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Oscar Wilde An Idler's Impression   By: (1855-1921)

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An Idler's Impression



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Of this first edition of Oscar Wilde: An Idler's Impression, by Edgar Saltus , there have been printed four hundred and seventy four copies, and the type distributed. No second edition will be made. The autographed copies were all subscribed for before publication.

The edition consists of

49 copies on Inomachi vellum, in full binding, each copy autographed by the author. Numbered from 1 to 49 inclusive.

100 copies on Inomachi vellum, in three quarters binding. Numbered from 50 to 149 inclusive.

325 copies on Fabriano hand made paper, in boards. Numbered from 150 to 474 inclusive.

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Oscar Wilde: An Idler's Impression


Years ago, in a Paris club, one man said to another: "Well, what's up?" The other shook a paper: "There is only one genius in England and they have put him in jail."

One may wonder though whether it were their doing, or even Wilde's, that put him there. One may wonder whether it were not the high fates who so gratified him in order that, from his purgatory, he might rise to a life more evolved. But that view is perhaps obvious. Wilde himself, who was the least mystic of men, accepted it. In the "De Profundis," after weighing his disasters, he said: "Of these things I am not yet worthy."

The genuflexion has been called a pose. It may have been. Even so, it is perhaps better to kneel, though it be in the gallery, than to stoop at nothing, and Wilde, who had stood very high, bent very low. He saw that there is one thing greater than greatness and that is humility.

Yet though he saw it, it is presumable that he forgot it. It is presumable that the grace which was his in prison departed in Paris. On the other hand it may not have. There are no human scales for any soul.

It was at Delmonico's, shortly after he told our local Customs that he had nothing to declare but genius, that I first met him. He was dressed like a mountebank. Without, at the entrance, a crowd had collected. In the restaurant people stood up and stared. Wilde was beautifully unmoved. He was talking, at first about nothing whatever, which is always an interesting topic, then about "Vera," a play of his for which a local manager had offered him an advance, five thousand dollars I think, "mere starvation wages," as he put it, and he went on to say that the manager wanted him to make certain changes in it. He paused and added: "But who am I to tamper with a masterpiece?" a jest which afterward he was too generous to hoard.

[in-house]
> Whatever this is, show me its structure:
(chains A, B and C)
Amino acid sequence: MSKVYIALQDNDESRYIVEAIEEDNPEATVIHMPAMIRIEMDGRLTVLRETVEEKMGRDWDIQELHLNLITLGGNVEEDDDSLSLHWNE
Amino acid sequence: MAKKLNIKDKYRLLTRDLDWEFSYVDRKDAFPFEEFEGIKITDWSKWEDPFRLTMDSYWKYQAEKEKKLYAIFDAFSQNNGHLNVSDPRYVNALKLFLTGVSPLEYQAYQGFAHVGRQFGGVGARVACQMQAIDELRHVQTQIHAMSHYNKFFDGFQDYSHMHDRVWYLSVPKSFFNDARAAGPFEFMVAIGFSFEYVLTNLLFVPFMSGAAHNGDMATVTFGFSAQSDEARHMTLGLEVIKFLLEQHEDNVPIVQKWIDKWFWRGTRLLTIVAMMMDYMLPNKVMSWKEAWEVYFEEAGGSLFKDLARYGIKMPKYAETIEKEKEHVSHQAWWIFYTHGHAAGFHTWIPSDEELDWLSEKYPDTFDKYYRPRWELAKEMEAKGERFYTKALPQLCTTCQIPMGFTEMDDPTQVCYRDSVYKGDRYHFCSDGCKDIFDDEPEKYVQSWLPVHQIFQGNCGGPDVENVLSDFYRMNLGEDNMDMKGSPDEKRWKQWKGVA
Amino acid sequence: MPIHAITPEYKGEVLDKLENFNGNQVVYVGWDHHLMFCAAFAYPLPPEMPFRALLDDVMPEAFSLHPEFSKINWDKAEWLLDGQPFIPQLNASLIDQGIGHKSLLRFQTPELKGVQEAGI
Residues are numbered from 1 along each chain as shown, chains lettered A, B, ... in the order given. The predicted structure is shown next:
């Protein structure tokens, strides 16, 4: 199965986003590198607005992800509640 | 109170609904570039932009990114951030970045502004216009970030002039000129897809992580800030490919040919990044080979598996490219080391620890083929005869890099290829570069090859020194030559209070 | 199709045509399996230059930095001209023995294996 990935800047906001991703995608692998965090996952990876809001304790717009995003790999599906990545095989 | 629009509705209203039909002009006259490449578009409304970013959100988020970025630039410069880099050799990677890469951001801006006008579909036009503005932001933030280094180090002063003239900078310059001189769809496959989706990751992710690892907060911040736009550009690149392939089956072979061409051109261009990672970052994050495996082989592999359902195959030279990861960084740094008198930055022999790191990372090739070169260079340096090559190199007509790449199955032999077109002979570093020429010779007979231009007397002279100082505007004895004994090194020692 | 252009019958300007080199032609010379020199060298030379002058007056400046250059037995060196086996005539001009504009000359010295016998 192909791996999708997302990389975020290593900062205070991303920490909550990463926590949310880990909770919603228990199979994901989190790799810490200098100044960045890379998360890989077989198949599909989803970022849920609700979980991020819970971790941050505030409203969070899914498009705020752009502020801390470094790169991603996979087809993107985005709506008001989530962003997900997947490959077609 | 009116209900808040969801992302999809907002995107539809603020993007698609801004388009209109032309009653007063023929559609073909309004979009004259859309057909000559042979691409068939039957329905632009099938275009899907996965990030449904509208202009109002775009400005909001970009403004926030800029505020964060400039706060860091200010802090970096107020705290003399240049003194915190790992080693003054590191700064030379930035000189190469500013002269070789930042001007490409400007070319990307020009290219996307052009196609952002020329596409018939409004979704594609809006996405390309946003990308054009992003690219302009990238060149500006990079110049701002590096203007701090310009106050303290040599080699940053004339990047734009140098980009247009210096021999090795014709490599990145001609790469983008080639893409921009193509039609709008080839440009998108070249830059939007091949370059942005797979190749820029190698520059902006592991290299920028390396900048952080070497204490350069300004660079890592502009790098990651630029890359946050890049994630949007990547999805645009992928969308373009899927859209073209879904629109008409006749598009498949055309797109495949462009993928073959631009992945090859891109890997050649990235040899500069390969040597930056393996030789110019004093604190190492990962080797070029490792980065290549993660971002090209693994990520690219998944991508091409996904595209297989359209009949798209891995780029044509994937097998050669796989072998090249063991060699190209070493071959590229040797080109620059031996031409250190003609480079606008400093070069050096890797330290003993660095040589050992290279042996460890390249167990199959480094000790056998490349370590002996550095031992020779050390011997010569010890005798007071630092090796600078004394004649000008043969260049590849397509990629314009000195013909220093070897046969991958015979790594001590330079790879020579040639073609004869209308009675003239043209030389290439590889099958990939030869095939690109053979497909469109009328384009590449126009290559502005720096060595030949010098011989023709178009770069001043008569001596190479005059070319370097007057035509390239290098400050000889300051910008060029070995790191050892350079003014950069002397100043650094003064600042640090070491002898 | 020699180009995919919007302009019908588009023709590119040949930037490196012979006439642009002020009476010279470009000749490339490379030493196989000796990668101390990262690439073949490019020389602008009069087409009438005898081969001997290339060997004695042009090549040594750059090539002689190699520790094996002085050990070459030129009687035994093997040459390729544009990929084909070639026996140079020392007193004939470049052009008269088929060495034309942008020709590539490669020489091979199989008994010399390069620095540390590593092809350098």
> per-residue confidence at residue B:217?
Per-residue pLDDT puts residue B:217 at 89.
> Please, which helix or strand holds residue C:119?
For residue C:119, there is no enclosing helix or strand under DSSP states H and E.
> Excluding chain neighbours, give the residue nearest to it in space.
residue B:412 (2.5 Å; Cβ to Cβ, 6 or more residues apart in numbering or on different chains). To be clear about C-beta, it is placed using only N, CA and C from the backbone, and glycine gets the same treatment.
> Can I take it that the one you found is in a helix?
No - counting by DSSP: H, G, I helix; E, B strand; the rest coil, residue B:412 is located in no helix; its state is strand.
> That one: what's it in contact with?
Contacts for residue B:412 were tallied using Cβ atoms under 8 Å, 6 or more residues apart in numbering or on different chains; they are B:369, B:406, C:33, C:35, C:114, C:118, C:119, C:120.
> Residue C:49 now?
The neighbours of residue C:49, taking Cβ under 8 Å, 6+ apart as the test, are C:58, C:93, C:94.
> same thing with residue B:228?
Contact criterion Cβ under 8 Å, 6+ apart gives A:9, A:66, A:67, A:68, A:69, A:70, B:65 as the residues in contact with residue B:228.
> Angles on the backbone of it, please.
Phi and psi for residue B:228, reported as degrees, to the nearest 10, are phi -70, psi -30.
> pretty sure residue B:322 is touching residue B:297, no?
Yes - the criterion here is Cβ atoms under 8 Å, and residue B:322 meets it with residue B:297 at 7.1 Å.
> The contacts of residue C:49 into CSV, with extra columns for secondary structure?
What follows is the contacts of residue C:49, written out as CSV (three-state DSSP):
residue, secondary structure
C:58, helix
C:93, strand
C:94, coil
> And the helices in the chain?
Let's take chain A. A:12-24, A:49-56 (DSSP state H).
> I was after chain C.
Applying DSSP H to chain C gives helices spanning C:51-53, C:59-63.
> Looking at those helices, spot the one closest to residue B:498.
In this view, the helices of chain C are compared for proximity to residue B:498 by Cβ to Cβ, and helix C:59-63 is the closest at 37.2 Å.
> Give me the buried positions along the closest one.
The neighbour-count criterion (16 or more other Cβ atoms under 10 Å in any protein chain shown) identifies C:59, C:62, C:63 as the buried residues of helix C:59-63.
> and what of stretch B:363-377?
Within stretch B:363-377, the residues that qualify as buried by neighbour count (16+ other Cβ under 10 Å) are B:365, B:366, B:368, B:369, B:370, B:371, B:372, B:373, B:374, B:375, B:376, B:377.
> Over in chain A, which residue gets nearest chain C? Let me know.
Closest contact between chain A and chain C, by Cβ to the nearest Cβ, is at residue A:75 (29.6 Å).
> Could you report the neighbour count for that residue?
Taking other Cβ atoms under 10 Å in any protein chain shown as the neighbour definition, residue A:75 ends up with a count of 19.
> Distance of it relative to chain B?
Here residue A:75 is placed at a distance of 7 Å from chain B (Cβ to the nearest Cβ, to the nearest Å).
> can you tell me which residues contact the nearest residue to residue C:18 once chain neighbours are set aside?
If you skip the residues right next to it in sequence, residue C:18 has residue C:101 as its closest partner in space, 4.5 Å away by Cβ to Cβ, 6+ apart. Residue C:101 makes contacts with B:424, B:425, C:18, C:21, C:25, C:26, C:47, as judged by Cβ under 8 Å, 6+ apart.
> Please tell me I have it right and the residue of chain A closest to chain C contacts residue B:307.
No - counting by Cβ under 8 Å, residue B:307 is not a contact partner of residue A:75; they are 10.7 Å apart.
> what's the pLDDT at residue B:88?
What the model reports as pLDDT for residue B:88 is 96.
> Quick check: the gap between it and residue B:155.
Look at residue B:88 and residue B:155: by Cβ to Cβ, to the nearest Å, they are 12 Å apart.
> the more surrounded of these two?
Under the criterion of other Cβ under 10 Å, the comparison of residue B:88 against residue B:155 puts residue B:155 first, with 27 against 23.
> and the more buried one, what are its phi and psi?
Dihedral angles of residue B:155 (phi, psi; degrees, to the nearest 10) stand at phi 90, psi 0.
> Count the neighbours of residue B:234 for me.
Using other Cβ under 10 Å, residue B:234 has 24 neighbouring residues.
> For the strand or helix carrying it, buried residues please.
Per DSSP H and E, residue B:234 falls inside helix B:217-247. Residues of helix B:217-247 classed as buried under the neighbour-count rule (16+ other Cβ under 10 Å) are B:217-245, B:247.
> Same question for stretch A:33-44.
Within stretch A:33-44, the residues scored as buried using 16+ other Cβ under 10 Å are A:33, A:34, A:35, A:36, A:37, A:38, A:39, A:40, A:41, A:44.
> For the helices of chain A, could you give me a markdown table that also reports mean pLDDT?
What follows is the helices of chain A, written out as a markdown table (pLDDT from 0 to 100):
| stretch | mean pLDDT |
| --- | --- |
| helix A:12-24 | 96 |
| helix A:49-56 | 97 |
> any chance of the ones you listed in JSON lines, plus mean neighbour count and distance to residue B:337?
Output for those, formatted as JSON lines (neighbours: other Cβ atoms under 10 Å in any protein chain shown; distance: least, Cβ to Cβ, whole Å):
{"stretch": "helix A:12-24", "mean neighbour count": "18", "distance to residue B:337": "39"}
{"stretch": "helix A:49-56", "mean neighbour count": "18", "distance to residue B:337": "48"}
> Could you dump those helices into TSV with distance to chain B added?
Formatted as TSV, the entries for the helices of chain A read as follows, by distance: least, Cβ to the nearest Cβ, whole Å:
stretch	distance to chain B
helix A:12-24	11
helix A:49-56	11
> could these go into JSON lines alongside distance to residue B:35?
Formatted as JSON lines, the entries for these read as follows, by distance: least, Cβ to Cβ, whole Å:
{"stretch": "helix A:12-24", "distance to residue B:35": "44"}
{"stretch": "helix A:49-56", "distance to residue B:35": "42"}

Later, in London, I saw him again. In appearance and mode of life he had become entirely conventional. The long hair, the knee breeches, the lilies, the velvet, all the mountebank trappings had gone. He was married, he was a father, and in his house in Tite street he seemed a bit bourgeois. Of that he may have been conscious. I remember one of his children running and calling at him: "My good papa!" and I remember Wilde patting the boy and saying: "Don't call me that, it sounds so respectable."

In Tite street I had the privilege of meeting Mrs. Oscar, who asked me to write something in an album. I have always hated albumenous poetry and, as I turned the pages in search of possible inspiration, I happened on this: From a poet to a poem. Robert Browning.

Poets exaggerate and why should they not? They have been found, too, with their hands in other people's paragraphs. Wilde helped himself to that line which he put in a sonnet to this lady, who had blue eyes, fair hair, chapped lips, and a look of constant bewilderment... Continue reading book >>

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